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A guaranteed FAIL

WILLIAMSBURG–Virginia Beach lawyer Steve Emmert knows a thing or two about taking a case up on appeal.

He’s one of the lawyers who has built appellate law into a recognized and well-respected area of practice in Virginia.

He’s served as chair of the appellate practice sections of both the Virginia State Bar and the Virginia Bar Association.

Emmert was asked to speak to the Virginia Association of Defense Attorneys’ annual meeting in Williamsburg Oct. 28. He told me before his talk that he had to dig deep into the past to the time he regularly tried cases; he knew his crowd was more interested in the courtroom than the appellate chamber.

For a guy who is a member of the Virginia Trial Lawyers Association’s board of governors, his talk to the VADA was a trip to or from the dark side, depending upon your perspective.

Instead of droning on through 45 minutes of “how to preserve this point,” Emmert did a reverse flip and presented the “Top Ten Ways to Sabotage Your Appeal.” In other words, be sure to do these things if you want to guarantee your appeal is a failure. As for his format, Emmert joked that “people told me I looked like David Letterman before I grew a beard.”

Herewith, Emmert’s list:

10. Make nice fuzzy, vague objections. Don’t give any reasons for objections, just say, “I object.” This “speeds up” the trial, Emmert said.

9. Rely on the “plain error” doctrine. This catch-all rationale lets an appellate panel fix a problem that is just plain wrong. It also allows the appellate lawyer you hire to “ride to the rescue,” he said. The only problem here is that “plain error” is defined narrowly in the Rules of Court.

8. Accept the judge’s ruling and just move along. You might risk the judge’s wrath, but there are times when you need to insist on a line of questioning. Also, there are times to insist on proffering evidence, even in the face of an adverse ruling, Emmert said. If the proffer isn’t part of your record, the appellate judges can’t see what you were trying to do and whether you were right.

7. Get the trial over with, already! As jury instructions are being read, don’t follow along to see if there is a mistake.

6. File a motion in limine, then relax. Some questions need to be taken care before you start swearing in witnesses, and pre-trial motions will help you, the other side and the judge to sort things out. If you don’t push these and wait until all those issues come up in trial while the jury is sitting in the box, you don’t have to worry about victory.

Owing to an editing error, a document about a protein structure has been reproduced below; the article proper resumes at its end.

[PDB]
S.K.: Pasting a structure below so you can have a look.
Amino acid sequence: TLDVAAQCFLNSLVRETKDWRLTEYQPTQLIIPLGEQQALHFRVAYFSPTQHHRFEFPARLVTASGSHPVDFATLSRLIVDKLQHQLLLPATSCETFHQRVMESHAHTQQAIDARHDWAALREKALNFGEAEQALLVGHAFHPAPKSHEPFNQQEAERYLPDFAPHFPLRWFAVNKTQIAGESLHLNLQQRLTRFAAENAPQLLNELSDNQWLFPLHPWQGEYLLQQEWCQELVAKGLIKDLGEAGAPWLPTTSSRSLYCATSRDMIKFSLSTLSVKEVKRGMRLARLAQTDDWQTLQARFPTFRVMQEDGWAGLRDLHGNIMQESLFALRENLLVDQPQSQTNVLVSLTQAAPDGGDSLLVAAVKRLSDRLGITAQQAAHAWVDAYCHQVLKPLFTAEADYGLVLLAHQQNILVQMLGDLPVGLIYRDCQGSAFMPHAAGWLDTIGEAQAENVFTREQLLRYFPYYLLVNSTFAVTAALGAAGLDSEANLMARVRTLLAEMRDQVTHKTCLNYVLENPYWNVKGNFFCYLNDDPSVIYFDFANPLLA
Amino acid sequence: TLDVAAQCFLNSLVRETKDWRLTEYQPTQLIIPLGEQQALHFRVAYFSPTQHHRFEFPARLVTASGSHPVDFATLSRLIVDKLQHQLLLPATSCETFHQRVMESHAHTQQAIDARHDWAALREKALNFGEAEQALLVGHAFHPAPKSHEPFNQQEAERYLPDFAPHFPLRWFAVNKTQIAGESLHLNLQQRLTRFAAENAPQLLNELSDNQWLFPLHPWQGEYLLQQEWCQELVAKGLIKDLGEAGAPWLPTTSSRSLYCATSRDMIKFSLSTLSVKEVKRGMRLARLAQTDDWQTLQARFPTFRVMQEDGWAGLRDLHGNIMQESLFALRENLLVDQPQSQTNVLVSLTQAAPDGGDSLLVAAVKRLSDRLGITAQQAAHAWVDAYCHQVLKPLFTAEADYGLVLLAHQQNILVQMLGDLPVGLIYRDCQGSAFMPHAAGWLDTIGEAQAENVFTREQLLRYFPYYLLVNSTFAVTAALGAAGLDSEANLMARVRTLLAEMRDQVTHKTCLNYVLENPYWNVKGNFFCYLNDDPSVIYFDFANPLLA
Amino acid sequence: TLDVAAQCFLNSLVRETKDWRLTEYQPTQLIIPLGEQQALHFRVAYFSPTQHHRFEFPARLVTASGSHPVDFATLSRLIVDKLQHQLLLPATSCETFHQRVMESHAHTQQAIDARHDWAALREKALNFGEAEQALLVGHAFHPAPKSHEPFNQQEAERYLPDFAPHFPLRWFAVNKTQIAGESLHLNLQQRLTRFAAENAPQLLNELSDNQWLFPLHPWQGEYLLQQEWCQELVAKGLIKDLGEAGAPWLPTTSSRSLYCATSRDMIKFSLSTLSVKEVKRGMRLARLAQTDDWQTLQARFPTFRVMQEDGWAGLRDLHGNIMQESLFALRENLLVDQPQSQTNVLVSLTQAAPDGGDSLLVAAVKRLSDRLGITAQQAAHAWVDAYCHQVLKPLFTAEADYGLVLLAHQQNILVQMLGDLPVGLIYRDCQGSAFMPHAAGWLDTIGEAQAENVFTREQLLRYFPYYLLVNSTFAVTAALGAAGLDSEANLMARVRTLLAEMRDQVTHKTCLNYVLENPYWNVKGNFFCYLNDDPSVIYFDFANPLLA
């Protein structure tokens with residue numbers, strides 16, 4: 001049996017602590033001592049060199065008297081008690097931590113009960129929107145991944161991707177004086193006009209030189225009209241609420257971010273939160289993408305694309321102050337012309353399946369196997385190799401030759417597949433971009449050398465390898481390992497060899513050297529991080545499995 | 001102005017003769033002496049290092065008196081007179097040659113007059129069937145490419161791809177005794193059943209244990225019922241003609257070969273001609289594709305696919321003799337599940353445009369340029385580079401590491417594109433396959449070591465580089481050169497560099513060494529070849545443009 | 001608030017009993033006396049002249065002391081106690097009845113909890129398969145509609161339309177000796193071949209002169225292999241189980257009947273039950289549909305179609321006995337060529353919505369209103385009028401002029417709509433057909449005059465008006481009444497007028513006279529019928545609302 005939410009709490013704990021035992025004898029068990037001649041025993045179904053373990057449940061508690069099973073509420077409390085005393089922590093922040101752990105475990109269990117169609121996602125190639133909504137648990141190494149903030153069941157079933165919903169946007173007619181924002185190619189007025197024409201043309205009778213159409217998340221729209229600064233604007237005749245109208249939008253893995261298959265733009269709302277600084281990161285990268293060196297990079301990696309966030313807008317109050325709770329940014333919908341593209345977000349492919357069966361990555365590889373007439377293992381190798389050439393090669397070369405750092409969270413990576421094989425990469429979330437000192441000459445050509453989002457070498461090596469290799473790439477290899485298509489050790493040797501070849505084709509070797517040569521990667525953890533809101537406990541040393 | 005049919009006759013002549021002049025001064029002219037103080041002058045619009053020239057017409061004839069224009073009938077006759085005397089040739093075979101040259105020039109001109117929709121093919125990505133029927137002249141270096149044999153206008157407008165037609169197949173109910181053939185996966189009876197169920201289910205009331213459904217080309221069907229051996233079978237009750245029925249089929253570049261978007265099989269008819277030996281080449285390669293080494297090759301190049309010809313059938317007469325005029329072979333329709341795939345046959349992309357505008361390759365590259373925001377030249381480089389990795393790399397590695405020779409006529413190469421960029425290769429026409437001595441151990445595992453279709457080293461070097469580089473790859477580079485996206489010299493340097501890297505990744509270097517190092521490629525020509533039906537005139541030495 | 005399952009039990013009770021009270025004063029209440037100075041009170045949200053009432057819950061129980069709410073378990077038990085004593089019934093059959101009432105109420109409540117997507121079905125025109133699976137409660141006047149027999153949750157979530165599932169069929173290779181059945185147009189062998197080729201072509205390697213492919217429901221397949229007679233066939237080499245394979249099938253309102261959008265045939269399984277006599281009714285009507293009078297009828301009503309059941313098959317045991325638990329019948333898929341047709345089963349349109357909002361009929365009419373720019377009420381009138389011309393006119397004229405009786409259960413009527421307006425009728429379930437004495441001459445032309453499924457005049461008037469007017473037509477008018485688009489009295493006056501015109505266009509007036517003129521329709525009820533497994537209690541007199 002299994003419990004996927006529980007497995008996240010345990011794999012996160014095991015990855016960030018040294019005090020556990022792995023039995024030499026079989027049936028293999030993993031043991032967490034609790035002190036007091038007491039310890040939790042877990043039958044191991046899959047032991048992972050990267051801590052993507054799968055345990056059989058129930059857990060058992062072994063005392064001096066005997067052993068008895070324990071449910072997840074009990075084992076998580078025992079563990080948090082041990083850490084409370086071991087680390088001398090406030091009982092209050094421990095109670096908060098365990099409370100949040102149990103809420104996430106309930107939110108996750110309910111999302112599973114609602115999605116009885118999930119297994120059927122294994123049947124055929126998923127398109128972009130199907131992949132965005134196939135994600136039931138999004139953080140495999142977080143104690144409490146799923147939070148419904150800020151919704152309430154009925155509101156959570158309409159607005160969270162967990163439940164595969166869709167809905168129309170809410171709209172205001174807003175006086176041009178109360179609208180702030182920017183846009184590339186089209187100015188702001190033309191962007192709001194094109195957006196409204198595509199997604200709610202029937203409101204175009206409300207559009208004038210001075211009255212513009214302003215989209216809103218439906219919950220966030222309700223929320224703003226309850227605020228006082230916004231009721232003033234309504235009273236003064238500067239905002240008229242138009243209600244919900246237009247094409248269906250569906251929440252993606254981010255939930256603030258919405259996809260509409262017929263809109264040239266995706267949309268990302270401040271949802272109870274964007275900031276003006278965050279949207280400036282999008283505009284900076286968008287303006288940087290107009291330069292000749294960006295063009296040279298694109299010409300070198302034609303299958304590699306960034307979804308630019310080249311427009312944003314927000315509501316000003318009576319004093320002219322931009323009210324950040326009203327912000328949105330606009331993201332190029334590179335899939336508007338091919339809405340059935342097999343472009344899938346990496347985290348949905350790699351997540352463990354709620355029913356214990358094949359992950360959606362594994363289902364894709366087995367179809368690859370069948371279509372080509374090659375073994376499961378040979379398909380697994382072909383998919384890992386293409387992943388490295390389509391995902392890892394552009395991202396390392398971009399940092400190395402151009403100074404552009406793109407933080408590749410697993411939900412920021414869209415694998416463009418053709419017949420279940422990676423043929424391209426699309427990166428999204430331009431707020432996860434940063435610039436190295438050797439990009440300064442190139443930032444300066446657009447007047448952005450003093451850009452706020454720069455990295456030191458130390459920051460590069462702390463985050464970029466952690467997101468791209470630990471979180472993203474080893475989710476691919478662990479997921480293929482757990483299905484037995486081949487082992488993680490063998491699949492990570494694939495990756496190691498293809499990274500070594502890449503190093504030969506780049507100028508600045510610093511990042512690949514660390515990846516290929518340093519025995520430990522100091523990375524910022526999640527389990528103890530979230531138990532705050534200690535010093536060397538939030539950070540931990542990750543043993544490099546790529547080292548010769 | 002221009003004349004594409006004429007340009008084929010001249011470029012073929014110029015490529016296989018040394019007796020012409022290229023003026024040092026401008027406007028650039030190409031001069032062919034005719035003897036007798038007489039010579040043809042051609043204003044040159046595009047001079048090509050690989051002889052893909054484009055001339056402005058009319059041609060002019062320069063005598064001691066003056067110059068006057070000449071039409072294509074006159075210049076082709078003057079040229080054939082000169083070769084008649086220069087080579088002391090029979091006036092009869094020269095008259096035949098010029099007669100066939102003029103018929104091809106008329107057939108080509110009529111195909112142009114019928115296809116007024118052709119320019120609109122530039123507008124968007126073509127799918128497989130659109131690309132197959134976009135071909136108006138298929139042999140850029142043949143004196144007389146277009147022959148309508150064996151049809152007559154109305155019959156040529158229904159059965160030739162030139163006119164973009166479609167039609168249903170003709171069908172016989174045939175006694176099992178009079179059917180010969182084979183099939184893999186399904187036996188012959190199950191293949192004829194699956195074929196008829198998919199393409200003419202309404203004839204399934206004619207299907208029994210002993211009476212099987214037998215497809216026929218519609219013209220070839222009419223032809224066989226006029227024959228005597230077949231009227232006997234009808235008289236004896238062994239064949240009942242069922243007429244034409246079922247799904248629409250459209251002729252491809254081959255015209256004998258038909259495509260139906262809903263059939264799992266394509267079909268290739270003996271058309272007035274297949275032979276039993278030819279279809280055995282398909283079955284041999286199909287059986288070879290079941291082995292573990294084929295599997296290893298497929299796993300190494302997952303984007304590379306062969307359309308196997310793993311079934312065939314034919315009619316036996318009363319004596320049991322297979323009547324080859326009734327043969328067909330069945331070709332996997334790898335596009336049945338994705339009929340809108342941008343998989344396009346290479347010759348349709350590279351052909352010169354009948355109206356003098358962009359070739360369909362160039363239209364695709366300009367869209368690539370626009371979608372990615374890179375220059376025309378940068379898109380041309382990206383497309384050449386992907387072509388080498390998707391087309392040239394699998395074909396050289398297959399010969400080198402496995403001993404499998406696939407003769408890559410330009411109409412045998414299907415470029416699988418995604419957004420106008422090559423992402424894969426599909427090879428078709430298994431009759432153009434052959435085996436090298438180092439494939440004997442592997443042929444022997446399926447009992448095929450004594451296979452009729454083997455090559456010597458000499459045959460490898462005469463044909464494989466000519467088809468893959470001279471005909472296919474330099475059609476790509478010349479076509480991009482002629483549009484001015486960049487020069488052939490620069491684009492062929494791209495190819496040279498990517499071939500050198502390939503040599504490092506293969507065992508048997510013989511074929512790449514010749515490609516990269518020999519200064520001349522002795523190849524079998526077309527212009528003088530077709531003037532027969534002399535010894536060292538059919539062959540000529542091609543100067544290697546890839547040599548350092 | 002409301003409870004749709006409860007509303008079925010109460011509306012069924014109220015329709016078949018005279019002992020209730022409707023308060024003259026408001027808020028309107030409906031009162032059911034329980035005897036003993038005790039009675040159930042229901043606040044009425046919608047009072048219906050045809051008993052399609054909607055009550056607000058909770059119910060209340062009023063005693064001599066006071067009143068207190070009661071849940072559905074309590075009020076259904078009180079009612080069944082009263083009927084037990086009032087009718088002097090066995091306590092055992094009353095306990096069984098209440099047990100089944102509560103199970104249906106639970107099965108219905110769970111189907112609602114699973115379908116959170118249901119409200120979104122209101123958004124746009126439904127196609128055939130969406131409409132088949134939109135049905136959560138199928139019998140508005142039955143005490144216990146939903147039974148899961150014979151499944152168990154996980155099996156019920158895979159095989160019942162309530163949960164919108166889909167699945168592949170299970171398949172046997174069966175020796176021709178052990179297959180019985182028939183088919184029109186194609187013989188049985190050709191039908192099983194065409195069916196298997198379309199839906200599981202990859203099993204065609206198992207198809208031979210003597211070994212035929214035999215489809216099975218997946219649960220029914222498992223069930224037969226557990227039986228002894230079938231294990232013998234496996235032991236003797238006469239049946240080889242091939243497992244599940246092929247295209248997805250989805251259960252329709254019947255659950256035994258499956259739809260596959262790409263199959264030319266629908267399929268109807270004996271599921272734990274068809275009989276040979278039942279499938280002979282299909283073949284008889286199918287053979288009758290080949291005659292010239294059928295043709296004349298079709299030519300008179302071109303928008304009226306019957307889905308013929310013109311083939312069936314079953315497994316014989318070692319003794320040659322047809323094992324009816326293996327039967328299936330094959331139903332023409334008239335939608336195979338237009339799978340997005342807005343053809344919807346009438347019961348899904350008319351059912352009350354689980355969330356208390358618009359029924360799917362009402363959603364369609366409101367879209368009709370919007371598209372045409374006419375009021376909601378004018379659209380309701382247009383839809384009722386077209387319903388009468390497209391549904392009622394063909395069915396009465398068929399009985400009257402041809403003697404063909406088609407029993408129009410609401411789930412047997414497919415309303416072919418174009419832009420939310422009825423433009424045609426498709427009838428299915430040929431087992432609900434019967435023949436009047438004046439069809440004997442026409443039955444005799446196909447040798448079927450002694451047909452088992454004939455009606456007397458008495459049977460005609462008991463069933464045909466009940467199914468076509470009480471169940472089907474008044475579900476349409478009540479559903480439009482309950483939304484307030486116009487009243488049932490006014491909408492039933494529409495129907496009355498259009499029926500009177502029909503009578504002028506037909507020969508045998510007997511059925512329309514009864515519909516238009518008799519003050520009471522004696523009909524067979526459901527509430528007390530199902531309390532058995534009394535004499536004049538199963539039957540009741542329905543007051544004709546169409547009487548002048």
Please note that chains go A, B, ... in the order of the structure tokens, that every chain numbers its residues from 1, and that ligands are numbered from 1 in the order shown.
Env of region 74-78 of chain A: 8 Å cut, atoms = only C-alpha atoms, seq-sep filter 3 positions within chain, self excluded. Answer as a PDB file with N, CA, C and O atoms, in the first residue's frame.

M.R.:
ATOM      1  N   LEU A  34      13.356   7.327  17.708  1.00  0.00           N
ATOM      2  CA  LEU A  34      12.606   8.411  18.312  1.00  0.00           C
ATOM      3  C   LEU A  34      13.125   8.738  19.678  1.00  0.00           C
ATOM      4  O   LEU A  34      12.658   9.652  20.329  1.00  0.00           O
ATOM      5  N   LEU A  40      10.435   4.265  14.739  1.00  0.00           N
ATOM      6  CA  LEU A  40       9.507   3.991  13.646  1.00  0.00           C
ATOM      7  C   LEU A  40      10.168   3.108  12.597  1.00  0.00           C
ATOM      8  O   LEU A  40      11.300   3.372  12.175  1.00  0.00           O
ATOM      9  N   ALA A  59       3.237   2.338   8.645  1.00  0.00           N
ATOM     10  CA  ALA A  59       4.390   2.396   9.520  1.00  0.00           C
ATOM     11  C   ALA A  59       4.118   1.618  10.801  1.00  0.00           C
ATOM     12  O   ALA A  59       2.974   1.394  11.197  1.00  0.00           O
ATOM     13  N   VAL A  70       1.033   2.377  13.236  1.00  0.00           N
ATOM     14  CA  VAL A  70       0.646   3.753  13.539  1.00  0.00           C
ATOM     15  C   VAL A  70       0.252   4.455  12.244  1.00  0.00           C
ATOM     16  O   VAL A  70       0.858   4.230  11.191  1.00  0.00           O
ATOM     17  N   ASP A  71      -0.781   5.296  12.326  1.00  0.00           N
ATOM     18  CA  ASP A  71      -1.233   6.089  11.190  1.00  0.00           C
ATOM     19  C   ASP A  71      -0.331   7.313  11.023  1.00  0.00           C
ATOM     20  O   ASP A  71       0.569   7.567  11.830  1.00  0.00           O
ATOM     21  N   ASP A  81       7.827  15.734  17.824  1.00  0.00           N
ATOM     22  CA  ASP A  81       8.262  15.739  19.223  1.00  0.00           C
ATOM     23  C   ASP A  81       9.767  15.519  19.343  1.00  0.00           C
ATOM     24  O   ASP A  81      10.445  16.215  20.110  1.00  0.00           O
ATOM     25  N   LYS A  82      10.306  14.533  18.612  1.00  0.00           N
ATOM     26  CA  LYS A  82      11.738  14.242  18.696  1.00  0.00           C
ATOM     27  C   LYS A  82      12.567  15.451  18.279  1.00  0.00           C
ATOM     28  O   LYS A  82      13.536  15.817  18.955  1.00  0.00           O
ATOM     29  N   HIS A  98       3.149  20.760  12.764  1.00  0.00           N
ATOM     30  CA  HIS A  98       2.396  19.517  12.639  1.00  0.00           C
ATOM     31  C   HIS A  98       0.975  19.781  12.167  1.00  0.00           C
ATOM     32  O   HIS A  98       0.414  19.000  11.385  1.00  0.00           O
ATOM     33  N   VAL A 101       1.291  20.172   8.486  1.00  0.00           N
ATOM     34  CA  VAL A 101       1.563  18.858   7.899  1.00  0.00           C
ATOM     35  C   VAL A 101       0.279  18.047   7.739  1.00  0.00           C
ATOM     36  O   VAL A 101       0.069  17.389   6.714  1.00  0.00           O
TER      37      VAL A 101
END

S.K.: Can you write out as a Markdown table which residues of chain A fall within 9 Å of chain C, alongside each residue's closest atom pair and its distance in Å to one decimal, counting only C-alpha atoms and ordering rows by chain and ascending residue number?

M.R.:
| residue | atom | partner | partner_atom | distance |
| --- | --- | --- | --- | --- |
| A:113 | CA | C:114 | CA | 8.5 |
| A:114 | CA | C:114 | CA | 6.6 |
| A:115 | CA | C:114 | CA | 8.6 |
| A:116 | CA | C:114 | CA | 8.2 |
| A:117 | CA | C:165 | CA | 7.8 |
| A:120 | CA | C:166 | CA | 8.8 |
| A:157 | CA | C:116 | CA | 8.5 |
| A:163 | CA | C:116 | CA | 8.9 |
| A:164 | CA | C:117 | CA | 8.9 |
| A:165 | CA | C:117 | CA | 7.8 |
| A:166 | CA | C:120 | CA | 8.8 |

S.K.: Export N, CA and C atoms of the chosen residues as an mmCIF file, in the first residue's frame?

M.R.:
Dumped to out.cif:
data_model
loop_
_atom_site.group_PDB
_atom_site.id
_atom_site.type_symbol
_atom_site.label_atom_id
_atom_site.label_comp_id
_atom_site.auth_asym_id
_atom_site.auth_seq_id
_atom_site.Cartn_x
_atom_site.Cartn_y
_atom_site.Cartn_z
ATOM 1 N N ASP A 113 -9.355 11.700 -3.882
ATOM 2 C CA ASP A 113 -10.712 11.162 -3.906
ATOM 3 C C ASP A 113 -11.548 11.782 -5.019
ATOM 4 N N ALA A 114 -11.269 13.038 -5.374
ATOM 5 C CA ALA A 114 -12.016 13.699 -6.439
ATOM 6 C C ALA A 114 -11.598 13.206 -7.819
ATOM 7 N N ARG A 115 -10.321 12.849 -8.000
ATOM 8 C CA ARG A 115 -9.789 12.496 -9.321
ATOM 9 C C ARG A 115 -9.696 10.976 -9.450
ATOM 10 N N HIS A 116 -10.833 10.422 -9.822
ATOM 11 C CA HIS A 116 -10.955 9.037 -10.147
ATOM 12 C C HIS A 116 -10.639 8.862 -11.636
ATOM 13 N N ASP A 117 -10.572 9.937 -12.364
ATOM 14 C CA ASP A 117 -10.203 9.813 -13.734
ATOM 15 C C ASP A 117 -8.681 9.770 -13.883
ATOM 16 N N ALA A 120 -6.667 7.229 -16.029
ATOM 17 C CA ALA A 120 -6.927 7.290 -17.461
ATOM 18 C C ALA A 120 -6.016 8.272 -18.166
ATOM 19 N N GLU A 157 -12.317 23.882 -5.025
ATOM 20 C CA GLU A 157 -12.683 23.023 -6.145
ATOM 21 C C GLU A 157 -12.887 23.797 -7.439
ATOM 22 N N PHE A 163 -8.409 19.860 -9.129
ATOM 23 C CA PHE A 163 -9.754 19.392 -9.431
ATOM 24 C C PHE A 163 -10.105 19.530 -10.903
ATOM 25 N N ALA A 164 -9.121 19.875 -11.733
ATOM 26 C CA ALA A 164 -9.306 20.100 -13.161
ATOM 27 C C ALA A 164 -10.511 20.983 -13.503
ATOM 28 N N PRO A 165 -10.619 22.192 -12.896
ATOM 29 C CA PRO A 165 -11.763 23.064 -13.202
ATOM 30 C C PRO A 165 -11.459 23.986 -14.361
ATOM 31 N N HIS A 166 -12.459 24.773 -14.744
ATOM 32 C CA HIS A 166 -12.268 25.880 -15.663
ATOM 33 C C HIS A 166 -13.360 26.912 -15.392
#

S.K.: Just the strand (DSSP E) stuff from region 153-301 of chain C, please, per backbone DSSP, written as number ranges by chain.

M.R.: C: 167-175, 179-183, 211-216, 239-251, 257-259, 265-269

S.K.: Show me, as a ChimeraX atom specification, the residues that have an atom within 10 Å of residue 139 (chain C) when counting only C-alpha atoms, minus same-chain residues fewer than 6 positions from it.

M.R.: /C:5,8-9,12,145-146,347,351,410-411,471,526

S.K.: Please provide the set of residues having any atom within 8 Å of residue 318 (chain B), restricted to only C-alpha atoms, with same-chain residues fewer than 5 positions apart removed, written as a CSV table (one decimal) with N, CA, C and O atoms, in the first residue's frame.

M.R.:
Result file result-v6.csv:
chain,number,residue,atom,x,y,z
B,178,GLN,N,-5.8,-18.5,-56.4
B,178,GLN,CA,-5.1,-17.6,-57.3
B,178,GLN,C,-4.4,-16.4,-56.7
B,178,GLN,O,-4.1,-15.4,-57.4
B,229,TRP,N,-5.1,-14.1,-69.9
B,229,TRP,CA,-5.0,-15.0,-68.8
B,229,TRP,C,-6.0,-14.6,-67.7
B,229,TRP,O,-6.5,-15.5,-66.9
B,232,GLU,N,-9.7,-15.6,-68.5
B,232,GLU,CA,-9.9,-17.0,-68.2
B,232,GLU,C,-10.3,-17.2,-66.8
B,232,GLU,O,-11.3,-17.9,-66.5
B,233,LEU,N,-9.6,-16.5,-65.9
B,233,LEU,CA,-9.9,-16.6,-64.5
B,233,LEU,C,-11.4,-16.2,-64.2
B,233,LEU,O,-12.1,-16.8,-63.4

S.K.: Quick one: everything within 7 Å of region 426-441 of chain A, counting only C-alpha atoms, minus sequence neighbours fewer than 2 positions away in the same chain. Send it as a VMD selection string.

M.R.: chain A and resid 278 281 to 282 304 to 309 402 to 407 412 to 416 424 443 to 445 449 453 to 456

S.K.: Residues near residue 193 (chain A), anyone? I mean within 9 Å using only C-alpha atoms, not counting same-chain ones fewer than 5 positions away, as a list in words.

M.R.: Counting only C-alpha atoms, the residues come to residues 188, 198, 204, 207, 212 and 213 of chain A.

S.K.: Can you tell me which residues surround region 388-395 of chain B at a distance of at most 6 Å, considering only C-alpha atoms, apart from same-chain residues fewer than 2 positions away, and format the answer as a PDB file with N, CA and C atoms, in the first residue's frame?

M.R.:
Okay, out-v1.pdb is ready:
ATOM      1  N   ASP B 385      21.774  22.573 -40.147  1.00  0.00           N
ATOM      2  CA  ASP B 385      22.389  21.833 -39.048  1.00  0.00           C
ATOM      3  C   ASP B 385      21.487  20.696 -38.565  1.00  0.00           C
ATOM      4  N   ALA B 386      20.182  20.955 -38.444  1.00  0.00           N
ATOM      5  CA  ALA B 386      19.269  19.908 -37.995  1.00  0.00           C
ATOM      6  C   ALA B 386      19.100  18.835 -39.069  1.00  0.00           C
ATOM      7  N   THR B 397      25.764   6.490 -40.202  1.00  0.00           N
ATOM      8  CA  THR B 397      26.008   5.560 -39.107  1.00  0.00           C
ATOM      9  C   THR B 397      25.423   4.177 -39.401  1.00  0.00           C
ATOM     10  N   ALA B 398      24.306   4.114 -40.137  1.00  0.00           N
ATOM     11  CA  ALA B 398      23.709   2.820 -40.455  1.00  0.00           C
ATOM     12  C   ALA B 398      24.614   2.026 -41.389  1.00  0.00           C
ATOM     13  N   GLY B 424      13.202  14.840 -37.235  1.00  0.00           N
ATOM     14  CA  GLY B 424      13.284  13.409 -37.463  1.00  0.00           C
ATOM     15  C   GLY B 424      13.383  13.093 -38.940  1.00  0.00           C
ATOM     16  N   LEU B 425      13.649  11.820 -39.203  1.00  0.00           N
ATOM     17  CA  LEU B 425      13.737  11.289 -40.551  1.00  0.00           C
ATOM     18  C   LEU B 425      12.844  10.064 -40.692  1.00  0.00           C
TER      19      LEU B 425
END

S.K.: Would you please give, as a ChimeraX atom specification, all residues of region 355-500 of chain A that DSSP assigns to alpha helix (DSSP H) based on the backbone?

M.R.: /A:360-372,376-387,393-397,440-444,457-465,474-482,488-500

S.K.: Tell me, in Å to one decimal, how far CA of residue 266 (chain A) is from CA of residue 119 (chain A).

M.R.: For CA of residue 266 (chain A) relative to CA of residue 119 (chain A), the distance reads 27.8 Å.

5. Let sleeping judges lie. Judges take issues under advisement during a trial, then forget about them. If you don’t bring them back up or press for a ruling, the issues stay forgotten and lost as potential points of appeal. There might be a time to go for the nuclear option: “Your honor, I object to your failure to rule on my objection.” The judge may not like it, but the Supreme Court of Virginia has said “it’s what you have to do,” Emmert noted.

4. Test your memory. You can save space in your trial notebook if you just plan to remember everything. If you don’t bother with writing down a list of unresolved motions or objections, or you don’t list exhibits that need to be included, you won’t have to deal with them later, he said.

3. Renew your motion to strike. This once-clear practice has turned into a tricky appellate trap, thanks to a pair of cases from last year – Murillo-Rodriguez v. Commonwealth, 279 Va. 74 (VLW 010-6-008), and United Leasing v. The Lehner Family Business Trust, 279 Va. 570 (VLW 010-6-031). The bottom line – if you don’t restate your reasons behind the motion to strike when you renew the motion, you’re cooked. A mere renewal isn’t enough, Emmert said.

2. Go placidly off the record. If you approach the bench at the judge’s invitation or go back to chambers to resolve issues out of the presence of the court reporter, you have forfeited them as appeal points because you “make sure nothing happened.” One alternative – once you’re back on the record, you make a statement reiterating the pertinent issue, including what was ruled and even why.

1. Be relentlessly polite. You’re taught as a child never to interrupt anyone, but impeccable manners in a trial might insure your loss. You need to be ready to jump in and object, even if the judge “takes the wheel” and starts asking questions of a witness.

“Your honor, I object to what you’re doing” is a statement that might require some guts, but ultimately, your client – either the plaintiff or the defendant – didn’t hire you to be milquetoast.

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